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Japan’s coronavirus-induced decline into recession that was revealed this week is a sorry outcome given Prime Minister Shinzo Abe’s protracted efforts to arrest years of economic stagnation. The annualised economic shrinkage of 3.4 per cent in the first quarter follows a 7.3 per cent contraction in the last quarter of 2019.

It is also sobering for western investors who fear Covid-19 may herald a Japanese-style future for the US and European economies. That would imply continual dependence on fiscal and monetary pump priming to fight endemic deflation, at the cost of ever bigger government debt: Japanification, in a word.

There can be no denying that there are common symptoms in the other advanced economies that make the notion of Japanification resonate. Yet common causes are another matter.

When recovery comes, thanks to unprecedented fiscal and monetary measures, lockdown’s self-imposed decimation of the supply side of the economy points to potential bottlenecks and upward pressure on prices in some sectors. Yet pricing in bond markets points to zero inflation over the longer run. Any upturn will also likely be subdued because of risk aversion. In the corporate sector, heavily indebted companies will give priority to paying down debt and rebuilding balance sheets. Households will also be cautious, after the trauma of devastating unemployment.

To assume Japanese-style deflation for the US and Europe is nonetheless a stretch because of some very quirky aspects of Japan’s performance since the bursting of the bubble economy in 1990.

Economists tended to assume that as the Japanese population aged, private savings would fall because the elderly consume most or all of their retirement incomes. This has not happened. While households have indeed run their ­savings down, the decline has been ­offset by a huge increase in corporate savings.

To mitigate the deflationary impact of excess savings and inadequate consumption, the government has run deficits that have caused net debt of 154 per cent of gross domestic product, the highest in the developed world.

The corporate sector was able to rack up this saving, despite a marked loss of global export market share and a decline in innovatory spark in recent years, because of the labour supply shock arising from the entrance of China and other emerging markets into the global economy. For the past 30 years this put a lid on wages in advanced economies, including Japan. Equally important, as Charles Dumas of TS Lombard points out: “The combination of a plunging world market share and very high profit margins has only been possible with wage rates falling relative to output, incomes and gross business profits.”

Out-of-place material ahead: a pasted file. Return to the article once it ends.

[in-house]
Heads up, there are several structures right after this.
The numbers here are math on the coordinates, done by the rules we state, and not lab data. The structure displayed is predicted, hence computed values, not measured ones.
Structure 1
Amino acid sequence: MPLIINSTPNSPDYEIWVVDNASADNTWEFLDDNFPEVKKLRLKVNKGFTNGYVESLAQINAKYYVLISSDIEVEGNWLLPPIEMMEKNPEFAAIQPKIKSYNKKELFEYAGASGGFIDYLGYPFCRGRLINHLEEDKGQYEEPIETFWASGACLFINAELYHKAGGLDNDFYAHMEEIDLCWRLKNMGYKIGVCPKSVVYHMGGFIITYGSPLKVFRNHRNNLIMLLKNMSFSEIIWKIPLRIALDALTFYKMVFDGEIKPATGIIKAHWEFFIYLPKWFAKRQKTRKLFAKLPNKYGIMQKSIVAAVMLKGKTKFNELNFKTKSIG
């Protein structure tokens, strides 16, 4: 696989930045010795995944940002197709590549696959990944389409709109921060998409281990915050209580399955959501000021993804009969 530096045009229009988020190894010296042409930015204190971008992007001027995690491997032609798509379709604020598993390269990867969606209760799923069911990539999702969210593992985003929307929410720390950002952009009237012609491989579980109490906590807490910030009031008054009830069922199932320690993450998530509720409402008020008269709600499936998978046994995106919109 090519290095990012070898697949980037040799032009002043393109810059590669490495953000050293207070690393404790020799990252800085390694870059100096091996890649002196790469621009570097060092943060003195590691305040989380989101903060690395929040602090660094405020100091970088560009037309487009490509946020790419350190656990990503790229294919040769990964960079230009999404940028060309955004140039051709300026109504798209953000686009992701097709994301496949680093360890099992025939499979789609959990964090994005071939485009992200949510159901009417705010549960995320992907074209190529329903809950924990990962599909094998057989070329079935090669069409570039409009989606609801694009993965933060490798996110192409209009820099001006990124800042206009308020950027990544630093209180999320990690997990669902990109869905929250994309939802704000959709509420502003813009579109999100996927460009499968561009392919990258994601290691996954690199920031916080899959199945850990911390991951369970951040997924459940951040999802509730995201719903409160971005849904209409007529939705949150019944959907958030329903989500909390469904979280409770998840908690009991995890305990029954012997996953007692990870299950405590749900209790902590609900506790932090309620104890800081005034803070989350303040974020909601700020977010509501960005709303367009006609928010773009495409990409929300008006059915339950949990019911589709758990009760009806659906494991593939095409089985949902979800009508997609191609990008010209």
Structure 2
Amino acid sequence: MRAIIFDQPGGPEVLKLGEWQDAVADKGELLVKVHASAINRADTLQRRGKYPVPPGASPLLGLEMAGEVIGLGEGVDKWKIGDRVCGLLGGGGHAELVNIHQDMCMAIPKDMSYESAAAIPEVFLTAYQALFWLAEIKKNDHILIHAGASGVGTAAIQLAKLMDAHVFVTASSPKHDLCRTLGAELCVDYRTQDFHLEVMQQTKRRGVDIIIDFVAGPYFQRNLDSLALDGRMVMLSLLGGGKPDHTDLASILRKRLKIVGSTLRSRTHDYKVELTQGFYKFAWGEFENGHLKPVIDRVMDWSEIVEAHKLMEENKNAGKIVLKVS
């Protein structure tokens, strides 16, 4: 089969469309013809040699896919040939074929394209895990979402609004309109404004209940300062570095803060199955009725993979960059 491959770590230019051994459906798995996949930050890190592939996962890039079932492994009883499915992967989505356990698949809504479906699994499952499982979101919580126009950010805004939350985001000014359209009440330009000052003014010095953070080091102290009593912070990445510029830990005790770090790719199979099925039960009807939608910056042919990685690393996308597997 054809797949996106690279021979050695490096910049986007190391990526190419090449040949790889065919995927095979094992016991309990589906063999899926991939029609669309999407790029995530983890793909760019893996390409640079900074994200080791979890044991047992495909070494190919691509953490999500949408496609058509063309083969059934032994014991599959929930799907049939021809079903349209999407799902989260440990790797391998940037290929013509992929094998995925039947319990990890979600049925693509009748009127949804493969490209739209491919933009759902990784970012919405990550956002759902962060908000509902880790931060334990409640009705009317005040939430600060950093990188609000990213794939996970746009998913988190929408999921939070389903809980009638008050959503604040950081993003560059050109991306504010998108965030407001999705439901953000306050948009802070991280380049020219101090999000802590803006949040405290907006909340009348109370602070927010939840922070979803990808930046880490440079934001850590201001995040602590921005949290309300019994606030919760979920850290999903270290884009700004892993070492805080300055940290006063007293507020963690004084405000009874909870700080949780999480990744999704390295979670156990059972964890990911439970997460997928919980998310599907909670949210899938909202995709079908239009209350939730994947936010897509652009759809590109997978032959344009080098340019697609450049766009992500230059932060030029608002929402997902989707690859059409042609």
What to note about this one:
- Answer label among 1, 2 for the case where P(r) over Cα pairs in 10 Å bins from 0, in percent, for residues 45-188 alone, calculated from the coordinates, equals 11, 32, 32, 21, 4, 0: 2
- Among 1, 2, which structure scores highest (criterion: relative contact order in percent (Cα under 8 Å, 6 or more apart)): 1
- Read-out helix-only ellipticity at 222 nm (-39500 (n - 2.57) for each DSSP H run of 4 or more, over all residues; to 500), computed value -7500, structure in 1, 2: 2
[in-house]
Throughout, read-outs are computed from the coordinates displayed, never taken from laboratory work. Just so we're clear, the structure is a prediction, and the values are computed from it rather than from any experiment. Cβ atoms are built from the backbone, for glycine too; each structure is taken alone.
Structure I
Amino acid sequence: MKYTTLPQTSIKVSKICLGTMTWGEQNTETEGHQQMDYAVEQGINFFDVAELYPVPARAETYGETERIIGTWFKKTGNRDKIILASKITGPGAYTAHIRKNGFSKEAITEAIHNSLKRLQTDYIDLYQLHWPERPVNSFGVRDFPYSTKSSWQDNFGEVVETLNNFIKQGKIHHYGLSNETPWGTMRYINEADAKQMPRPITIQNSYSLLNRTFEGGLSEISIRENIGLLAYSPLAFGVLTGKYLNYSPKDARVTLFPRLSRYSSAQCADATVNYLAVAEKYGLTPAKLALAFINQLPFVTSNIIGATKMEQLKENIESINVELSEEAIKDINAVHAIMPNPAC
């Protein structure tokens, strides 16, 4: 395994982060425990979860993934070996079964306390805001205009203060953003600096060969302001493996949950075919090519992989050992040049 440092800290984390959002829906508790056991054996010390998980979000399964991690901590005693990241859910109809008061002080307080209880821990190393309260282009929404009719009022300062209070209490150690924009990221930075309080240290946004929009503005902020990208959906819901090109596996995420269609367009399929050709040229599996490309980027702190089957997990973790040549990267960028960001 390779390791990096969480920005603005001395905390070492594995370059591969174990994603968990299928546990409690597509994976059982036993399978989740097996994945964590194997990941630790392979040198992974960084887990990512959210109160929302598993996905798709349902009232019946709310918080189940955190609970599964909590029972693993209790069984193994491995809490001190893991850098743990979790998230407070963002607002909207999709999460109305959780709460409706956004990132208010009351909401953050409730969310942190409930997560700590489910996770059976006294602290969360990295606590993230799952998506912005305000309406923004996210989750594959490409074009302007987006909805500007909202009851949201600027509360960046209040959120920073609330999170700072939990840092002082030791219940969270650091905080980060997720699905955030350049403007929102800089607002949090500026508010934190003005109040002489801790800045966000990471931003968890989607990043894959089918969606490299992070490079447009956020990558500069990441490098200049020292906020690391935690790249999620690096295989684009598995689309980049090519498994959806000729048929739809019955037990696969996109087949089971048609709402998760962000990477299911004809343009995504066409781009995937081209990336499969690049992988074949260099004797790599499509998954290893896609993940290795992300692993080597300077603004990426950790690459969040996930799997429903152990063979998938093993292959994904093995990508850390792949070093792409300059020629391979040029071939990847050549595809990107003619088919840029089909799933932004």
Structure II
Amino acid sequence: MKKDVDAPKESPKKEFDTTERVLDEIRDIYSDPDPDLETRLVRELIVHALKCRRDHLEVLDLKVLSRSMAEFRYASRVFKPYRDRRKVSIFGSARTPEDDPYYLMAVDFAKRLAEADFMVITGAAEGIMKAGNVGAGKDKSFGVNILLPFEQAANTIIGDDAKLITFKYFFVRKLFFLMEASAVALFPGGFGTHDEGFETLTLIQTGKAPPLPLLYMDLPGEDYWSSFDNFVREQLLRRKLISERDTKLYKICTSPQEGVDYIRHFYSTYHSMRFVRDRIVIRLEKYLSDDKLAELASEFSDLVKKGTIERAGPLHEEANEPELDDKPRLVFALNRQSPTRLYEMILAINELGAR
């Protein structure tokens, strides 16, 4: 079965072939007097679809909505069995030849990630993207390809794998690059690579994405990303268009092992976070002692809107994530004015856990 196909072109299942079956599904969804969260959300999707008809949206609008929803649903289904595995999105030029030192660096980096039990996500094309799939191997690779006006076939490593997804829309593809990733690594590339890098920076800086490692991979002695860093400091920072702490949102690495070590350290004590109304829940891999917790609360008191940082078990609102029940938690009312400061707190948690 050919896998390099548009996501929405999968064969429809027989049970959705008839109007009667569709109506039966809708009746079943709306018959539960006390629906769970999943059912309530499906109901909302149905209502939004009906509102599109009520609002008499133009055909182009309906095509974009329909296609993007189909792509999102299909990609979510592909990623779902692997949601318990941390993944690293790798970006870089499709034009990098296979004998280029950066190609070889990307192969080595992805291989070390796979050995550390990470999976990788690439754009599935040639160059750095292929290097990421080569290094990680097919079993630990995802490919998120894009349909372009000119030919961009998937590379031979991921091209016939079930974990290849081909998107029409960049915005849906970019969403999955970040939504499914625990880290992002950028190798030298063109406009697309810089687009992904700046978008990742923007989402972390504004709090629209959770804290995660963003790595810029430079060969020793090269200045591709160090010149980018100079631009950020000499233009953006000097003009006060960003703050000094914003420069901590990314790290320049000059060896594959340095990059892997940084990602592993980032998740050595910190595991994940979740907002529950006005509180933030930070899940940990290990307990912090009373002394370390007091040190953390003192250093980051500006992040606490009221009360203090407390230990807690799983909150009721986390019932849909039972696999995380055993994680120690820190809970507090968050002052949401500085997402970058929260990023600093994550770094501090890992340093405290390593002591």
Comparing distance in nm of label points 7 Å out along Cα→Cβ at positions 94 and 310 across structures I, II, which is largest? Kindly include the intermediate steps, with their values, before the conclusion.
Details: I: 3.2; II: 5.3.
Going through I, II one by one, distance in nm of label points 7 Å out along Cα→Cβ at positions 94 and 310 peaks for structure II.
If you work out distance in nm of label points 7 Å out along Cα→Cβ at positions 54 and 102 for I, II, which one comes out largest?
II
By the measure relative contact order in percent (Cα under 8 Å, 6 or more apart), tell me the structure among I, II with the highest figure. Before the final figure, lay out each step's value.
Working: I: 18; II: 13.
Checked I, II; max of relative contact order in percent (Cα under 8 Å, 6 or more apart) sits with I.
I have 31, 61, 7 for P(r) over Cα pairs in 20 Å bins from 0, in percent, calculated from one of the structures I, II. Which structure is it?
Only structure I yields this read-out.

Things will be very different in North America and Europe. While it is true that savings exceed investment in the German and other northern European economies, the benign environment for corporate profitability is almost certainly over. US President Donald Trump’s trade wars have brought deglobalisation, which increases costs. Covid-19 is also forcing business to strike a different balance between efficiency and resilience, with the same result.

In the post-pandemic world, society may reassess the value of poorly paid jobs that put workers’ lives and health at risk. A political backlash against insecure employment in the gig economy seems probable. Much of the higher taxation needed to shrink burgeoning public debt will be paid by the corporate sector. At the same time, business is under growing pressure to adopt more inclusive policies towards employees and society at large.

Furthermore, in a forthcoming book economists Charles Goodhart and Manoj Pradhan argue that the balance of bargaining power is swinging back to workers, away from employers, not least because workforces in the west are set to shrink or are shrinking already. The stage is thus set for a very un-Japanese distributional struggle in which workers exercise power through the labour market while the elderly fight back via the ballot box.

Meanwhile, the disinflationary bias in monetary policy over the past 30 years of independent central banking is at an end. In responding to the coronavirus-induced recession, central banks are co-operating with governments. Quantitative easing — central bank asset buying — did not lead to inflation after the financial crisis. That is because the injections of liquidity mostly stayed in the banking system in the form of excess reserves, held by banks at the central bank.

Today’s policy measures, in contrast, are putting cash directly into industry and commerce, which affects broader money and thus inflation.

It will be very hard for governments to retreat from fiscal largesse when un­employment remains high and many over-indebted companies will still be at risk. And given the fragility of debt-burdened economies, central banks will be reluctant to raise interest rates to combat inflation for fear of killing recovery and jeopardising their independence.

Despite the insouciance of the bond markets, everything points not to Japanification but to a resumption of inflation. The only question is one of timing.

john.plender@ft.com

Letter in response to this column:

Arguments over inflation can be a non sequitur / From GR Steele, Emeritus Reader of Economics, Lancaster University Management School, UK

Economies, like babies, cannot have symptoms / From Professor Shaun McCann, Emeritus, Trinity College Dublin, Ireland

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